Also note that to get this working you need to edit the arduino libraries so that the sendReport function is marked as public.

To to this edit the USBAPI.h file which can be found in ${ARDUINO_DIR}/hardware/arduino/cores/arduino directory.
This may be /usr/share/arduino/hardware/arduino/cores/arduino/USBAPI.h or similar
If you installed the LeoStick board stuff from their website then it will be under your sketches directory as hardware/LeoStick/cores/arduino/USBAPI.h

Open that file and find

private:
    KeyMap* _keyMap;
    void sendReport(KeyReport* keys);
    void setKeyMap(KeyMap* keyMap);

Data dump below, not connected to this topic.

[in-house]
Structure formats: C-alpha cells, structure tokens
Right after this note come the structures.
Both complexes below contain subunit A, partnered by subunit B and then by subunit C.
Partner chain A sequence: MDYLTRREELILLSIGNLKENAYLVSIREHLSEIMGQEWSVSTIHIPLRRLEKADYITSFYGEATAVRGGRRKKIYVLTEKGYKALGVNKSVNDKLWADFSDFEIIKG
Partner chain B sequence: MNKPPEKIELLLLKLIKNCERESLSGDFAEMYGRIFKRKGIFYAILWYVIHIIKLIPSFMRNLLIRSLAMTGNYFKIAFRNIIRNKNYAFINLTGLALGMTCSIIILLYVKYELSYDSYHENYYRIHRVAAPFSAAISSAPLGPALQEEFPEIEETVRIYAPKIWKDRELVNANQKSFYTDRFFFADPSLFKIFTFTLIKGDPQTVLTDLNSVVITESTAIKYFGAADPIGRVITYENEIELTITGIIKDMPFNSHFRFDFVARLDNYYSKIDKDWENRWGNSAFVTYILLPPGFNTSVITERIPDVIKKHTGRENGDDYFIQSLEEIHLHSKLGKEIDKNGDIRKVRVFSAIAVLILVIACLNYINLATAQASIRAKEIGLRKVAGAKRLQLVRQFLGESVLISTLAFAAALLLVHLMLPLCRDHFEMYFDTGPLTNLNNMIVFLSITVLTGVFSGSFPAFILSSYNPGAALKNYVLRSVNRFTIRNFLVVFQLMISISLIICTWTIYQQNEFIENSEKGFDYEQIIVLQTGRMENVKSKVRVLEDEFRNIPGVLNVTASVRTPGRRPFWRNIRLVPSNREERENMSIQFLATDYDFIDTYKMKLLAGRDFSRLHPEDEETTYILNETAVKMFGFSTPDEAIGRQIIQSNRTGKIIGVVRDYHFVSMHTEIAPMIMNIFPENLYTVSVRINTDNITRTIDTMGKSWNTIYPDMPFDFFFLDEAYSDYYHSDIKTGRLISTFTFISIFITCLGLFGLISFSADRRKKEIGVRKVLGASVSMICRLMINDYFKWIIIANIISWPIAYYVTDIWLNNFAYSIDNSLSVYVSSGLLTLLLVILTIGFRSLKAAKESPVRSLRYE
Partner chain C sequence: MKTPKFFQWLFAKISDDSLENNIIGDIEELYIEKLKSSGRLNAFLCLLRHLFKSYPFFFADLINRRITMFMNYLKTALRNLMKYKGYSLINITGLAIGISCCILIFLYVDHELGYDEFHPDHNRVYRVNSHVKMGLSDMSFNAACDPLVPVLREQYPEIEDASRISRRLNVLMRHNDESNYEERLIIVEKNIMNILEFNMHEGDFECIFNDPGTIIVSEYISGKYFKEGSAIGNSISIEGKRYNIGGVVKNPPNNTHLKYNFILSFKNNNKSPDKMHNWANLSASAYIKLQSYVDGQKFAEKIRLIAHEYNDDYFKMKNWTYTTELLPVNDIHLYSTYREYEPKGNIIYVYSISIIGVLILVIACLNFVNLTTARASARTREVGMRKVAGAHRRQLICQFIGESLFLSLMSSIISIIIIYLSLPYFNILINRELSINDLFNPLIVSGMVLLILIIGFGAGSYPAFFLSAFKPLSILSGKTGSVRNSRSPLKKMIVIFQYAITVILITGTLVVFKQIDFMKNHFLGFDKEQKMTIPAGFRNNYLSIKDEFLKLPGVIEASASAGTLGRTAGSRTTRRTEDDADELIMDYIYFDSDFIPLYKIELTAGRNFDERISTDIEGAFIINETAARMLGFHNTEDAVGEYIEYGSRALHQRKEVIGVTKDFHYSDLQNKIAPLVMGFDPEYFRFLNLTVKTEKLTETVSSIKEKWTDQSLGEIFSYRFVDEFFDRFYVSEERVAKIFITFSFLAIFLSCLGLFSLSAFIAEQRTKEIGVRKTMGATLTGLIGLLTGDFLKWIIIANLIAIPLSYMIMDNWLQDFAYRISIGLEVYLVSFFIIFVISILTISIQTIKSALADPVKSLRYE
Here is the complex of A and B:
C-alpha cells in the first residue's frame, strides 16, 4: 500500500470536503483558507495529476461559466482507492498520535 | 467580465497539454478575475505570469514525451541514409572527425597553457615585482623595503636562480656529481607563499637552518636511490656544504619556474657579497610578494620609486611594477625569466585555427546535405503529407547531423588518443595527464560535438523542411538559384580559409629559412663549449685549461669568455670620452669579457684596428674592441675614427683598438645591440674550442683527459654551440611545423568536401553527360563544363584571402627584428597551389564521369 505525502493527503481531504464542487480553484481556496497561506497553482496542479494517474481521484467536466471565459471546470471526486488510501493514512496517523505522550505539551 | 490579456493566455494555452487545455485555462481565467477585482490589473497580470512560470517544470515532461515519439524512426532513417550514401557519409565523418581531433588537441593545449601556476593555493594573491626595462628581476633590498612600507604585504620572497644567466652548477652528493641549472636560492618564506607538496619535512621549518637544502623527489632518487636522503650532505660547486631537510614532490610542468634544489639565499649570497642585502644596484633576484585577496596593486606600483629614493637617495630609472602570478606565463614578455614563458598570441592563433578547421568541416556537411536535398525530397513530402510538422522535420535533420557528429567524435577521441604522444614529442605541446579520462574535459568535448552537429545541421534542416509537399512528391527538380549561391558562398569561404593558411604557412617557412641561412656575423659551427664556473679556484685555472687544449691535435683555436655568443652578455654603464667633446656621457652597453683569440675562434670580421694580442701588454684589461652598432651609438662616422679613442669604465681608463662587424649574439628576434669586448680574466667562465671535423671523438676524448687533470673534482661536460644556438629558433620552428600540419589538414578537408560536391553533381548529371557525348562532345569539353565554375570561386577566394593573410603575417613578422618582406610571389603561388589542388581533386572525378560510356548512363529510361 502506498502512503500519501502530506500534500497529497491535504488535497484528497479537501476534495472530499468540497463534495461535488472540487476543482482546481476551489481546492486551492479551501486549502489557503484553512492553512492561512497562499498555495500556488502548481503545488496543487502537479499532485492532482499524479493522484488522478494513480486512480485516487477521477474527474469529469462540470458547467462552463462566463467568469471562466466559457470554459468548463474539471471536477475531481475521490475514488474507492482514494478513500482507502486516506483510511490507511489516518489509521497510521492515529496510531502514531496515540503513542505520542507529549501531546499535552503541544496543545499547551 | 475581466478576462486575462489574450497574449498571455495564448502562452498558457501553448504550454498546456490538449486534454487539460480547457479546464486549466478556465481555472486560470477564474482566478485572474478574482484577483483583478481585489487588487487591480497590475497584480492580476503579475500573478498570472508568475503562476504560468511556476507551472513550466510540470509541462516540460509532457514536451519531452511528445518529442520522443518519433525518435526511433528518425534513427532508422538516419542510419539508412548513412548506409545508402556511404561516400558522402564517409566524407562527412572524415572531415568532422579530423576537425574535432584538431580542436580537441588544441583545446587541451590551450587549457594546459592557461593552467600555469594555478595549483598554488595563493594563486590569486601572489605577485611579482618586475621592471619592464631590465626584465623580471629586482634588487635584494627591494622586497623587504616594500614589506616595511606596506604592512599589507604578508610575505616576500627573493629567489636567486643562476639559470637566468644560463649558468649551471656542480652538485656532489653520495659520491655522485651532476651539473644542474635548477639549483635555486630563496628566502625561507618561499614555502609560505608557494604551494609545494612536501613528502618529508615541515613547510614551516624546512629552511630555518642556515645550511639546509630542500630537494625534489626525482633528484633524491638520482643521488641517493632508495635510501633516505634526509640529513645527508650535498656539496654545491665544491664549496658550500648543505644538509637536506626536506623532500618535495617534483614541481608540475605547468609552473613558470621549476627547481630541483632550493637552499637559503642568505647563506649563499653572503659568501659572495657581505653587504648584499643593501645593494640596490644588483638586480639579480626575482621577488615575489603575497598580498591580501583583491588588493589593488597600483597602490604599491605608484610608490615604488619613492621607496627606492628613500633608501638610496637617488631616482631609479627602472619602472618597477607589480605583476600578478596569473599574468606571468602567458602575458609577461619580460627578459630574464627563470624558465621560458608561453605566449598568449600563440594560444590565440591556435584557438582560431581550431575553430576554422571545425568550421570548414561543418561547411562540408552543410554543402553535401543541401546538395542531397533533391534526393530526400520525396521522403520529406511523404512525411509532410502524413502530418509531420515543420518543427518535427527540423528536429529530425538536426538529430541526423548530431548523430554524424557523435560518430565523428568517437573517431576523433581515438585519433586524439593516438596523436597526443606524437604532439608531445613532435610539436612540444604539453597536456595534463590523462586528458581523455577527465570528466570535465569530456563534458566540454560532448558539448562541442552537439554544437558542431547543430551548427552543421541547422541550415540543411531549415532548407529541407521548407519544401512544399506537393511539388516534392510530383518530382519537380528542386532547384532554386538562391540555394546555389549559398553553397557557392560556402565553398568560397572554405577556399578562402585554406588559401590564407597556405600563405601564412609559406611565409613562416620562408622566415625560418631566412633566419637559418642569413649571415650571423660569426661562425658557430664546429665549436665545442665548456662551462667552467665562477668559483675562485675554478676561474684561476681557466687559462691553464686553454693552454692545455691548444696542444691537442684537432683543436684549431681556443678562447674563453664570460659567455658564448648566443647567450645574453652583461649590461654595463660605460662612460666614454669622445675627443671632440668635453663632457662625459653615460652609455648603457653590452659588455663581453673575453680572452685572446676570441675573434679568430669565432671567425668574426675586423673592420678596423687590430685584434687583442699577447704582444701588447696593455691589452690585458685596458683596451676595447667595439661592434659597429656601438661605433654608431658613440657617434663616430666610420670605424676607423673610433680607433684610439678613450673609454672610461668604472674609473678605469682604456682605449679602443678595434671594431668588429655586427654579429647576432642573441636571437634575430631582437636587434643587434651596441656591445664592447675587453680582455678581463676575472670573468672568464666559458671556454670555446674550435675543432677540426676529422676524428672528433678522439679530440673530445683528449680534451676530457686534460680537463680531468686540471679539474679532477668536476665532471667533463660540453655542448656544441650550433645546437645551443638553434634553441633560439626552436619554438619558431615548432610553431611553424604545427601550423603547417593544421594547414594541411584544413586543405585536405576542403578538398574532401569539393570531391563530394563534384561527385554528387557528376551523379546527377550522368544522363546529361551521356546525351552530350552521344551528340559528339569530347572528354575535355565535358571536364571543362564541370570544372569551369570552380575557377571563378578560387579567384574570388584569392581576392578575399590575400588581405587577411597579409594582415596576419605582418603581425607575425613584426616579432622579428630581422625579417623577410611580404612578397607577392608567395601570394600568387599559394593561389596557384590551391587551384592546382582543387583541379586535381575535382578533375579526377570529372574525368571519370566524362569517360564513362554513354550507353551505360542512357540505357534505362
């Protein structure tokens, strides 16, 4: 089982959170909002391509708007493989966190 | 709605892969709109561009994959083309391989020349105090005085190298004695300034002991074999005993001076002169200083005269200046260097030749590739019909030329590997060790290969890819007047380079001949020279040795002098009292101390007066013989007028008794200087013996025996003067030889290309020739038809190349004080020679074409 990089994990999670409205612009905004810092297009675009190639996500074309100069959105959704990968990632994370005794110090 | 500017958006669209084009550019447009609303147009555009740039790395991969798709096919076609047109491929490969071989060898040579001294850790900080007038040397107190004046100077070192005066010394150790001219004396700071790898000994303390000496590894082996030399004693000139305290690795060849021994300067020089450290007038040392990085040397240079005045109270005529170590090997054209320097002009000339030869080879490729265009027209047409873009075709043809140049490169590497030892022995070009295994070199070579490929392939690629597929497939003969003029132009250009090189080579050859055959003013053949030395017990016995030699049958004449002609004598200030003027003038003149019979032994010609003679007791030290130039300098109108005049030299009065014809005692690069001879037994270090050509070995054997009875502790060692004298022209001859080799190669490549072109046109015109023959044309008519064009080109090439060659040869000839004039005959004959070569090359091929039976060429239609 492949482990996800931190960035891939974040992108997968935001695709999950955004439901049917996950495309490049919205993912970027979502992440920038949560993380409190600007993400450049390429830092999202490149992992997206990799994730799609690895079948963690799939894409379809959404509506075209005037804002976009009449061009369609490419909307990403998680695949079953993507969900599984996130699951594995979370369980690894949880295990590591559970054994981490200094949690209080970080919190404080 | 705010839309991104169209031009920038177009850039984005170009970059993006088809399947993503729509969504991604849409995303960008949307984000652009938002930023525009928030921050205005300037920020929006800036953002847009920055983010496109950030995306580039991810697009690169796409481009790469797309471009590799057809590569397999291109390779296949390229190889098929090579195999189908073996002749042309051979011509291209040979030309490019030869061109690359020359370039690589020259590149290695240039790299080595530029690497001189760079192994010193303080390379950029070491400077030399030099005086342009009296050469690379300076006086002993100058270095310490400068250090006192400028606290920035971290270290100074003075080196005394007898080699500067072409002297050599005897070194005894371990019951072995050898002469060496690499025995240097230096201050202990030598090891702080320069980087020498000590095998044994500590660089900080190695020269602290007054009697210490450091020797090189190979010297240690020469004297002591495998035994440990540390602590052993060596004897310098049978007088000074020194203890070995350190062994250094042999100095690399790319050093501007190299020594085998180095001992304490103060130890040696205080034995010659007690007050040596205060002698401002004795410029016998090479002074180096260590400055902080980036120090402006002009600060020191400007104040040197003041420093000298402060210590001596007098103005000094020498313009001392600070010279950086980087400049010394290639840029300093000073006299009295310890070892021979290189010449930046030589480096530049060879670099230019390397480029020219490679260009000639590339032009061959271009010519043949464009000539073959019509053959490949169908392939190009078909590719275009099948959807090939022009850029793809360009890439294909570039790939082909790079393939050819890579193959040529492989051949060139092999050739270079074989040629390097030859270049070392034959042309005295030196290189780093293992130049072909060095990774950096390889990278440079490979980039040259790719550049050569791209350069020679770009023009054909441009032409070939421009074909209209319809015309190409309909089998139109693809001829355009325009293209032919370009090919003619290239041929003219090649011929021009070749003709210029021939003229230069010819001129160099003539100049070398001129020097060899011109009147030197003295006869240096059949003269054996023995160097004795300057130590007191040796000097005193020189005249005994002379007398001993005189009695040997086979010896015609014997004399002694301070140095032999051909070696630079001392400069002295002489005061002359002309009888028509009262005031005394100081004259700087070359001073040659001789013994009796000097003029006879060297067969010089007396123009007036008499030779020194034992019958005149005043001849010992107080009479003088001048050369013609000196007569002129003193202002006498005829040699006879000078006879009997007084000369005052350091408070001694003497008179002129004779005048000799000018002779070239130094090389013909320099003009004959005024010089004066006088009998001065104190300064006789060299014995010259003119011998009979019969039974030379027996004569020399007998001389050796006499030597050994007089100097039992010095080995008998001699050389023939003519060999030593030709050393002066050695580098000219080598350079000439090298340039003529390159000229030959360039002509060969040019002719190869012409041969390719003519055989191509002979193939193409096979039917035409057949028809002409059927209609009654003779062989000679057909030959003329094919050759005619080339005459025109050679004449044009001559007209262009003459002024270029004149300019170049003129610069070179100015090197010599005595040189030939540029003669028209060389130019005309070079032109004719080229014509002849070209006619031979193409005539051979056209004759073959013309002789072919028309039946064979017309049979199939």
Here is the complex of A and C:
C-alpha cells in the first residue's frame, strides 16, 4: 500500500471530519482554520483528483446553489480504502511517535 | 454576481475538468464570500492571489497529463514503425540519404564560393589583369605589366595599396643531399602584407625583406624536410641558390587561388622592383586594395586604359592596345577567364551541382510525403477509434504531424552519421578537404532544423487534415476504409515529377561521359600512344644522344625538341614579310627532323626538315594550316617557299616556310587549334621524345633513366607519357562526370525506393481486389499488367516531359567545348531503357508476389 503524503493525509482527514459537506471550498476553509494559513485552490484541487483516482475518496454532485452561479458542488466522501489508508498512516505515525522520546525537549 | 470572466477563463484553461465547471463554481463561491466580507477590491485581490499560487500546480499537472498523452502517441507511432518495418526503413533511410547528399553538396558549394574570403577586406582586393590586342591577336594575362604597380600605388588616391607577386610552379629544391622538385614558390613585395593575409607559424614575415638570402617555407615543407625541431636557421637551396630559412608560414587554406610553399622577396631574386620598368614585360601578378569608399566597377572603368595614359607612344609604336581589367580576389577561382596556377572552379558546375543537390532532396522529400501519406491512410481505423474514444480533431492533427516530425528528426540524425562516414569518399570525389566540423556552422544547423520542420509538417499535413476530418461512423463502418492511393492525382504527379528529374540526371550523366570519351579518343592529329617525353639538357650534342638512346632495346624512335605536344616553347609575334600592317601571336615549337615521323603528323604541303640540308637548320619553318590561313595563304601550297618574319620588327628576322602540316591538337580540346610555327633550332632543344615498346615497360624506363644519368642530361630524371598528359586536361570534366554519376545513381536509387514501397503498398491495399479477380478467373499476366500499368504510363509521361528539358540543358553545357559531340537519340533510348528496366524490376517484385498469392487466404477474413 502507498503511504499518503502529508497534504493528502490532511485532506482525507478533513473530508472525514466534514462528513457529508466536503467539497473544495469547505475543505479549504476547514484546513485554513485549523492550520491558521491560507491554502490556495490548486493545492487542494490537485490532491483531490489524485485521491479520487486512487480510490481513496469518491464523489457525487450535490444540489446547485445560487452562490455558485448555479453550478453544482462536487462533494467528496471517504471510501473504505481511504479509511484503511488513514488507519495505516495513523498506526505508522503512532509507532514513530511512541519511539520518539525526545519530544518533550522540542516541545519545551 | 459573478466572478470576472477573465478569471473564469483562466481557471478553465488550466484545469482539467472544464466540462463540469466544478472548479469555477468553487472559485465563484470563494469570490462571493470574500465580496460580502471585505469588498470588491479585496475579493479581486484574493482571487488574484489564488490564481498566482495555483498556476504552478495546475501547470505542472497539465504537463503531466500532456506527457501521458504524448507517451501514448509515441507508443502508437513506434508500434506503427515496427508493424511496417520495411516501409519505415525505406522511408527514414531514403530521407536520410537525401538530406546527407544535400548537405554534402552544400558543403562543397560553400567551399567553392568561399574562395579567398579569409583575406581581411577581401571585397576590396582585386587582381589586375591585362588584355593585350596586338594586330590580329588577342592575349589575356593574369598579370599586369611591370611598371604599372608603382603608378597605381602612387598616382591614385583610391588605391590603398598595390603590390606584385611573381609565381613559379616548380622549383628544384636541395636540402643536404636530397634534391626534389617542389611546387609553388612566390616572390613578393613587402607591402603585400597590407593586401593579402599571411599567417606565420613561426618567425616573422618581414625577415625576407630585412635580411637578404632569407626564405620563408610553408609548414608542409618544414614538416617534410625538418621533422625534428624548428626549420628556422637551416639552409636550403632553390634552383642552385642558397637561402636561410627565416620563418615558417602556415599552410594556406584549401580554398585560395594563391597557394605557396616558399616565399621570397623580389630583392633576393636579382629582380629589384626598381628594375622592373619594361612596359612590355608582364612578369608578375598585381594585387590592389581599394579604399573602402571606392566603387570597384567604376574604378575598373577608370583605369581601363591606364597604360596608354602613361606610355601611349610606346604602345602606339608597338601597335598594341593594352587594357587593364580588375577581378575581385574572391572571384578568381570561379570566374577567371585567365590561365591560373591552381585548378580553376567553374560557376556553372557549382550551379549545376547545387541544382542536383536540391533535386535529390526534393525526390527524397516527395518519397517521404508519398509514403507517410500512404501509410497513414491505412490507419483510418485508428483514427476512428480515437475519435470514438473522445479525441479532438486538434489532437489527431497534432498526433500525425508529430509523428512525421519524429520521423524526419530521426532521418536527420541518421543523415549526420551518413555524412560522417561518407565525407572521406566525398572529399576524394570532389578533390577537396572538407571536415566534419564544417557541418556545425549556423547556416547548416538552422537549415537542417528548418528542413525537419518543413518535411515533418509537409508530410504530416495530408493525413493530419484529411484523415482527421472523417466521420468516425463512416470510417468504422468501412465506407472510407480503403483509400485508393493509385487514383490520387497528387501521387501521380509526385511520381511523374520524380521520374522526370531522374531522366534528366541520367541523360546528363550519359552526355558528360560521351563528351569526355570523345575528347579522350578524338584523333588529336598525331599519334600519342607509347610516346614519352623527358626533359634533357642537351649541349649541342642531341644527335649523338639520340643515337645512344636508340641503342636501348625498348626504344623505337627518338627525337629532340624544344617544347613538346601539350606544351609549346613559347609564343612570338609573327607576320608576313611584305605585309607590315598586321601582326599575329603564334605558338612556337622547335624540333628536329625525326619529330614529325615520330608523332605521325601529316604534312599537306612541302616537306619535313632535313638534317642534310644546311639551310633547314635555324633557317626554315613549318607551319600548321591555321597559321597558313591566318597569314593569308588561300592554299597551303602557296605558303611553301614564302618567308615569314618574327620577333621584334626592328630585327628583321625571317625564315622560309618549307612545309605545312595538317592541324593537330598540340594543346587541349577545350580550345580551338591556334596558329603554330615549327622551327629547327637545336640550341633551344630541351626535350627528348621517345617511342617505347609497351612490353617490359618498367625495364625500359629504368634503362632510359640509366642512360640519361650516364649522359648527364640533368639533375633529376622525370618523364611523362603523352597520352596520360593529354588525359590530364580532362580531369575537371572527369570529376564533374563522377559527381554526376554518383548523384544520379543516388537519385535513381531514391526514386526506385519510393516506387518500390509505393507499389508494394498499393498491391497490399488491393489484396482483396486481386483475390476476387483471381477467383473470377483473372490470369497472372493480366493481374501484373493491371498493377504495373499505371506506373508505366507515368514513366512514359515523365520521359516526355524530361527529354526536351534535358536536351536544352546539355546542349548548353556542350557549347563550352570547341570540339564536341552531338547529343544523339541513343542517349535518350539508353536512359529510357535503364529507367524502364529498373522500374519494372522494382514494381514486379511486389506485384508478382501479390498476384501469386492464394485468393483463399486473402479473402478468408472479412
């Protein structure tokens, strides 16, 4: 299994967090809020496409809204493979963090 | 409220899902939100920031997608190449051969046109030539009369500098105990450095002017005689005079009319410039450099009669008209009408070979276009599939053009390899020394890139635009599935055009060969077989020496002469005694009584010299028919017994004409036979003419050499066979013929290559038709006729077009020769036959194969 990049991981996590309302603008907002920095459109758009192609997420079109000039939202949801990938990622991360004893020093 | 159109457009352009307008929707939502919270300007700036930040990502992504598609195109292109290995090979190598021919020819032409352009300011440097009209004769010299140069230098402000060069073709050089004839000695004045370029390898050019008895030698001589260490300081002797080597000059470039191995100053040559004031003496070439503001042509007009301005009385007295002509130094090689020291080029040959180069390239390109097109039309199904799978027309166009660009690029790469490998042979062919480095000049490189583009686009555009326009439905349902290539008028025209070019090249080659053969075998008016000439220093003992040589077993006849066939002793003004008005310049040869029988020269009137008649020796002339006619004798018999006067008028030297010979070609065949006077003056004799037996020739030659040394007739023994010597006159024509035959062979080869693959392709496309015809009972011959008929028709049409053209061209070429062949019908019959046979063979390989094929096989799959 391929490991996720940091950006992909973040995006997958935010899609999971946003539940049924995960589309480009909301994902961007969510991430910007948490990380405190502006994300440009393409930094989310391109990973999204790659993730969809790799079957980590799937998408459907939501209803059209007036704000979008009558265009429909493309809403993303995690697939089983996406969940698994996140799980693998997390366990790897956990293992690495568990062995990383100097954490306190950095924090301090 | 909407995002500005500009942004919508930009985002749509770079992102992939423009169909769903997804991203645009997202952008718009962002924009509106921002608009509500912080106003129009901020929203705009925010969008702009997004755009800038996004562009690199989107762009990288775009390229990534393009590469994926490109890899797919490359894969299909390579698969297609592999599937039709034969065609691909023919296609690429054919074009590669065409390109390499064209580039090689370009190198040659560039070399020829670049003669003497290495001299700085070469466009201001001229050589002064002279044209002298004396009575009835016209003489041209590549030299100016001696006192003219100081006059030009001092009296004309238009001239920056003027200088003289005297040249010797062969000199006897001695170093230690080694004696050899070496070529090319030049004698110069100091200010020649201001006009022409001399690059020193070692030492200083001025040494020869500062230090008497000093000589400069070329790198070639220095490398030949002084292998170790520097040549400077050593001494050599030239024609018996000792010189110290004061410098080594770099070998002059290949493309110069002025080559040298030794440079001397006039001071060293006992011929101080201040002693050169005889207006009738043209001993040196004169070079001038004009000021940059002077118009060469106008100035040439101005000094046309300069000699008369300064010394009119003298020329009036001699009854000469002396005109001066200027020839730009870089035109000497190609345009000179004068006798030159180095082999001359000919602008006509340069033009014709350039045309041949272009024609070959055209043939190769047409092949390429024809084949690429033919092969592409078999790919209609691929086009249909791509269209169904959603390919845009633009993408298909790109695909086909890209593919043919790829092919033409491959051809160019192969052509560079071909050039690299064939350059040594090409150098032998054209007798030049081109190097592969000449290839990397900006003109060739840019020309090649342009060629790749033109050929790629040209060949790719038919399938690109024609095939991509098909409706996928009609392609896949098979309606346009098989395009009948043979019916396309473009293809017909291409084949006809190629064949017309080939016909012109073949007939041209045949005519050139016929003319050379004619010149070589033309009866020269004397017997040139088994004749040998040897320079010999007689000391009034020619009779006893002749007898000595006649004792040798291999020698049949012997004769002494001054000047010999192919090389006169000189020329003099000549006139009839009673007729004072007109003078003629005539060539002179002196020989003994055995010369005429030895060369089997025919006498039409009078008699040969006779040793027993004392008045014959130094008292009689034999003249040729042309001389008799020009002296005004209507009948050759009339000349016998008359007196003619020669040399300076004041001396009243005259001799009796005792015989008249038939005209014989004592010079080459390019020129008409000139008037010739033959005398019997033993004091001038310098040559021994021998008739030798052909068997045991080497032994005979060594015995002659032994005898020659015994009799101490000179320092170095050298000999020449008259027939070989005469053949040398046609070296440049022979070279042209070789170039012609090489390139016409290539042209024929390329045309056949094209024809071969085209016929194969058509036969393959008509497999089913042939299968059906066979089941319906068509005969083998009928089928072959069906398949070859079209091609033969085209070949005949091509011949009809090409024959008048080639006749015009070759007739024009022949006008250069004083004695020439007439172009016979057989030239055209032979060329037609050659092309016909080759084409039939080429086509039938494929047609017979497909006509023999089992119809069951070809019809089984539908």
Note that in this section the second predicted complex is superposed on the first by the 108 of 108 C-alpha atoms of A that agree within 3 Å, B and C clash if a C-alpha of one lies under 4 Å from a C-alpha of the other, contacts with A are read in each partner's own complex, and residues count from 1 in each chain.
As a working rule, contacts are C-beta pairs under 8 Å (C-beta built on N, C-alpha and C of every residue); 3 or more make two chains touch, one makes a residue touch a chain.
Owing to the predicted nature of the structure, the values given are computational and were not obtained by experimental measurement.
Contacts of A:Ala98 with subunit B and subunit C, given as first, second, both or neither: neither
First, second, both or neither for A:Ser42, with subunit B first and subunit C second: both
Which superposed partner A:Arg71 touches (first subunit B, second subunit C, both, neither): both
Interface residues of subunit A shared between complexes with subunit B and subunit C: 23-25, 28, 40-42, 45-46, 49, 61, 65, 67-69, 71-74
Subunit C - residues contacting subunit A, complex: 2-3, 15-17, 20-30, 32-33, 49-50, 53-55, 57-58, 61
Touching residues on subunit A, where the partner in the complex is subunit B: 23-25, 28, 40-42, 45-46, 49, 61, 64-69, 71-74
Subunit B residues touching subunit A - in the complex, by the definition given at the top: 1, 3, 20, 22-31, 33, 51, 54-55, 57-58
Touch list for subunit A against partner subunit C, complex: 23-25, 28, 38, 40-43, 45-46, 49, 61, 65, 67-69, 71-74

public:
    Keyboard_();
    virtual size_t write(uint8_t);

Then change that to

private:
    KeyMap* _keyMap;
    void setKeyMap(KeyMap* keyMap);
public:
    void sendReport(KeyReport* keys);
    Keyboard_();
    virtual size_t write(uint8_t);

Then everything should work fine.



  • Newsletter

    Sign up for the PlanetArduino Newsletter, which delivers the most popular articles via e-mail to your inbox every week. Just fill in the information below and submit.

  • Like Us on Facebook